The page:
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Craig Ramseyer wins Editor's Award from AMS

Assistant professor honored for work in reviewing articles

Craig Ramseyer in his office

Craig Ramseyer works to improve research by rigorously reviewing papers submitted for publication
Assistant professor Craig Ramseyer

Craig Ramseyer believes advancing the field of atmospheric science is important. To that end, he spends many hours helping other researchers with their work by reviewing their papers submitted to scientific journals.

Ramseyer, an assistant professor in the Department of Geography who specializes in climate modeling and artificial neural network applications in atmospheric science, was rewarded for his efforts with an Editor’s Award at the annual meeting of the American Meteorological Society in Denver in January. 

The award is recognizes a reviewer for “outstanding service to the journals, the Glossary of Meteorology, and the Meteorological Monographs. The service generally takes the form of providing exceptional reviews in a timely fashion or providing reviews of difficult submissions.”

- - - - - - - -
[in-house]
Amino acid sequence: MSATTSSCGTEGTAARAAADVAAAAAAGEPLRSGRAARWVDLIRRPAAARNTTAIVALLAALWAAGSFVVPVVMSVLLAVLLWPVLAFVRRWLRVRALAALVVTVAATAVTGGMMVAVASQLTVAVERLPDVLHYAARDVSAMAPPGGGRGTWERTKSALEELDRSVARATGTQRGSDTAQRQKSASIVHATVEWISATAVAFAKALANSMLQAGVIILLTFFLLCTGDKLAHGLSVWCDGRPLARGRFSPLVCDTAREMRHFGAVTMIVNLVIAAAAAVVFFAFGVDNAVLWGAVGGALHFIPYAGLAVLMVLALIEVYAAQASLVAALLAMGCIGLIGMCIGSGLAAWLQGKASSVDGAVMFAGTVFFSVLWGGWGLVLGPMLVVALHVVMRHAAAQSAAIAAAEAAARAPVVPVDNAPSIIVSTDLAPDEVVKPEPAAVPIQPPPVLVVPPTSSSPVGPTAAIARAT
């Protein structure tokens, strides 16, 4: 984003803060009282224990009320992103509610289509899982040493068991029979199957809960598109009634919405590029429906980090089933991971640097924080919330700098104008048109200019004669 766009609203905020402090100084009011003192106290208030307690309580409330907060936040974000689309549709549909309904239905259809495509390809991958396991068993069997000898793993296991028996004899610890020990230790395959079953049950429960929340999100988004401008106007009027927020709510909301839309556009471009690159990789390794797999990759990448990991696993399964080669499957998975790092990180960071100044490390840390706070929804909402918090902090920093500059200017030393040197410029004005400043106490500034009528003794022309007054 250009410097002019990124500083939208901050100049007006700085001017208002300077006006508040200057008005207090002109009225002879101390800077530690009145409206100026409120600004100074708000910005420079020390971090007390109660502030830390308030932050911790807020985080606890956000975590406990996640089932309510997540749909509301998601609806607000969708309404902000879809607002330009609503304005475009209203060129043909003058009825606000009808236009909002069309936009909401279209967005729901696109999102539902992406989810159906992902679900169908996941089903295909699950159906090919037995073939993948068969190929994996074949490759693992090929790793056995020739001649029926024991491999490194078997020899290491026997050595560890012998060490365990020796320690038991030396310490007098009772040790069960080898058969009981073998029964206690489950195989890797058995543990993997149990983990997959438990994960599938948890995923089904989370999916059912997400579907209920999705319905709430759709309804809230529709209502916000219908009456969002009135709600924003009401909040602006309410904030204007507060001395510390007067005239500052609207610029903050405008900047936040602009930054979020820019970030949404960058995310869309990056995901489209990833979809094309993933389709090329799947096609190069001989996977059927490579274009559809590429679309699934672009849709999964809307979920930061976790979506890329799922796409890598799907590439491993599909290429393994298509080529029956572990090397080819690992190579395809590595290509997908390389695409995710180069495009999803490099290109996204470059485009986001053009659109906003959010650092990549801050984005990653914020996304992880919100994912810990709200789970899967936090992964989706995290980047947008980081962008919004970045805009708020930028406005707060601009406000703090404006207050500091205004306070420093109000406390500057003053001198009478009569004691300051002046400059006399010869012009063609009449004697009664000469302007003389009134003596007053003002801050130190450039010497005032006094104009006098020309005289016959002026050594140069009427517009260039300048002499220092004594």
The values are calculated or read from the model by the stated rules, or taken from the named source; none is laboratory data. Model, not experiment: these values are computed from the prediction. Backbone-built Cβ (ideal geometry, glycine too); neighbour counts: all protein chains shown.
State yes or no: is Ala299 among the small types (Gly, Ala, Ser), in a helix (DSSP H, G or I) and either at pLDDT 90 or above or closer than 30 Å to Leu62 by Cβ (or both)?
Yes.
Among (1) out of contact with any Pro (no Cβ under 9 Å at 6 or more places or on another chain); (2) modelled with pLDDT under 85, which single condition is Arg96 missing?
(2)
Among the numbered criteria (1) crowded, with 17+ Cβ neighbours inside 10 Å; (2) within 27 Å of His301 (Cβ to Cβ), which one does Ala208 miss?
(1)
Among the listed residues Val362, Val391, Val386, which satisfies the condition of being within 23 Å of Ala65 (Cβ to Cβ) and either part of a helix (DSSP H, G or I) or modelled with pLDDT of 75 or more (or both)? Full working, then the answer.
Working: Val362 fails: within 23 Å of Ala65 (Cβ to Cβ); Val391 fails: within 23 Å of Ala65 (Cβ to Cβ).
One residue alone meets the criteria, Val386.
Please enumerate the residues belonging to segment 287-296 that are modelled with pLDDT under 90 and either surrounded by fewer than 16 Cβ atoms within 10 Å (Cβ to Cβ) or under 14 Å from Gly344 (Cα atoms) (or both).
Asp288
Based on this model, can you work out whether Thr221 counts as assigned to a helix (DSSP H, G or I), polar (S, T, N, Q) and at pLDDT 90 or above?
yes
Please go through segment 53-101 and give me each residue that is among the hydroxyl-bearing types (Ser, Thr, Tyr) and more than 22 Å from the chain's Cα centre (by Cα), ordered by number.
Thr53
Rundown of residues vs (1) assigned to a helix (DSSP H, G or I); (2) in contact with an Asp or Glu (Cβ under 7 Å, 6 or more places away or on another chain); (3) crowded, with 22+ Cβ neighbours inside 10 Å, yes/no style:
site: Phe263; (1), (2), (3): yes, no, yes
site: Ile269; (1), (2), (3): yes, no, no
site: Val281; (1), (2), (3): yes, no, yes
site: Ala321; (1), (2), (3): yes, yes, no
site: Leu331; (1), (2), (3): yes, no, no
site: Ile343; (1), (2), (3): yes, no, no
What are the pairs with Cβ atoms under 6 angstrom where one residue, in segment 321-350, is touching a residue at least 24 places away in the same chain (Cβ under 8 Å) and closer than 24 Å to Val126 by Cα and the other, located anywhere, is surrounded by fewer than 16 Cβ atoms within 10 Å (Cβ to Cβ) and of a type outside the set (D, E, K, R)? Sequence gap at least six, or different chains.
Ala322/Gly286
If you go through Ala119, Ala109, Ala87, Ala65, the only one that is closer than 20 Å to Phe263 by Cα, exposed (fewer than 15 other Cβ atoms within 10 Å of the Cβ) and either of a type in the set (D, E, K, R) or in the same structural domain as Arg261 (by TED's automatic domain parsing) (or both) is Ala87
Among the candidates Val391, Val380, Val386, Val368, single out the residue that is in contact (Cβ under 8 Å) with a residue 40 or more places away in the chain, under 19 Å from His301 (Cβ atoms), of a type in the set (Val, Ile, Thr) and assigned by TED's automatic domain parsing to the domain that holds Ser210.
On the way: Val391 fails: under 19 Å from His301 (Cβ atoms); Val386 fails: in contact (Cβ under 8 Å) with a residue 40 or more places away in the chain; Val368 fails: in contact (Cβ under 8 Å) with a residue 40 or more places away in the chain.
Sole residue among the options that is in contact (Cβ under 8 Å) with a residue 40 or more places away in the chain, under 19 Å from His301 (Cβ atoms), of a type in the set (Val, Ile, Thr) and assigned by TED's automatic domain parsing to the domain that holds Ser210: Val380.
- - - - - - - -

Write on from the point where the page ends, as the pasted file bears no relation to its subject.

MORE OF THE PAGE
Essentially, Ramseyer is providing expert commentary on a topic that is above the purview of the journal editors. Through his advice and a critique of a research paper with an expert’s eye, the journal can offer researchers can improve their papers.

Reviewers need two characteristics – ability and willingness. Ramseyer has both in the area of machine learning and neural networks when creating climate models. As more research is done using machine learning, Ramseyer’s reviews are in demand.

“A lot of our journals want to turn around reviews to authors pretty quickly, but there are wait times of several months now. A lot of that is just editors trying to find enough willing reviewers who are also close enough to the subject area,” Ramseyer said.

The Editor’s Award was given for more than willingness to read. Ramseyer is conscientious about providing quality feedback that will help a researcher.

For 2022, Ramseyer worked almost exclusively with the Journal of Applied Meteorology and Climatology, preferring its reputation as a rigorous scientific journal. This year, he has accepted the occasional paper from other publications when the topic is in his wheelhouse.

“I think it’s really important to try to help the authors improve the manuscript because if you try to help the authors, they end up with a better manuscript, a better article. Then it’s more likely to be read and cited,” he said. “I think part of the reason I got the award is I try to write rigorous reviews that are also really helpful and supportive to what the authors are trying to do.”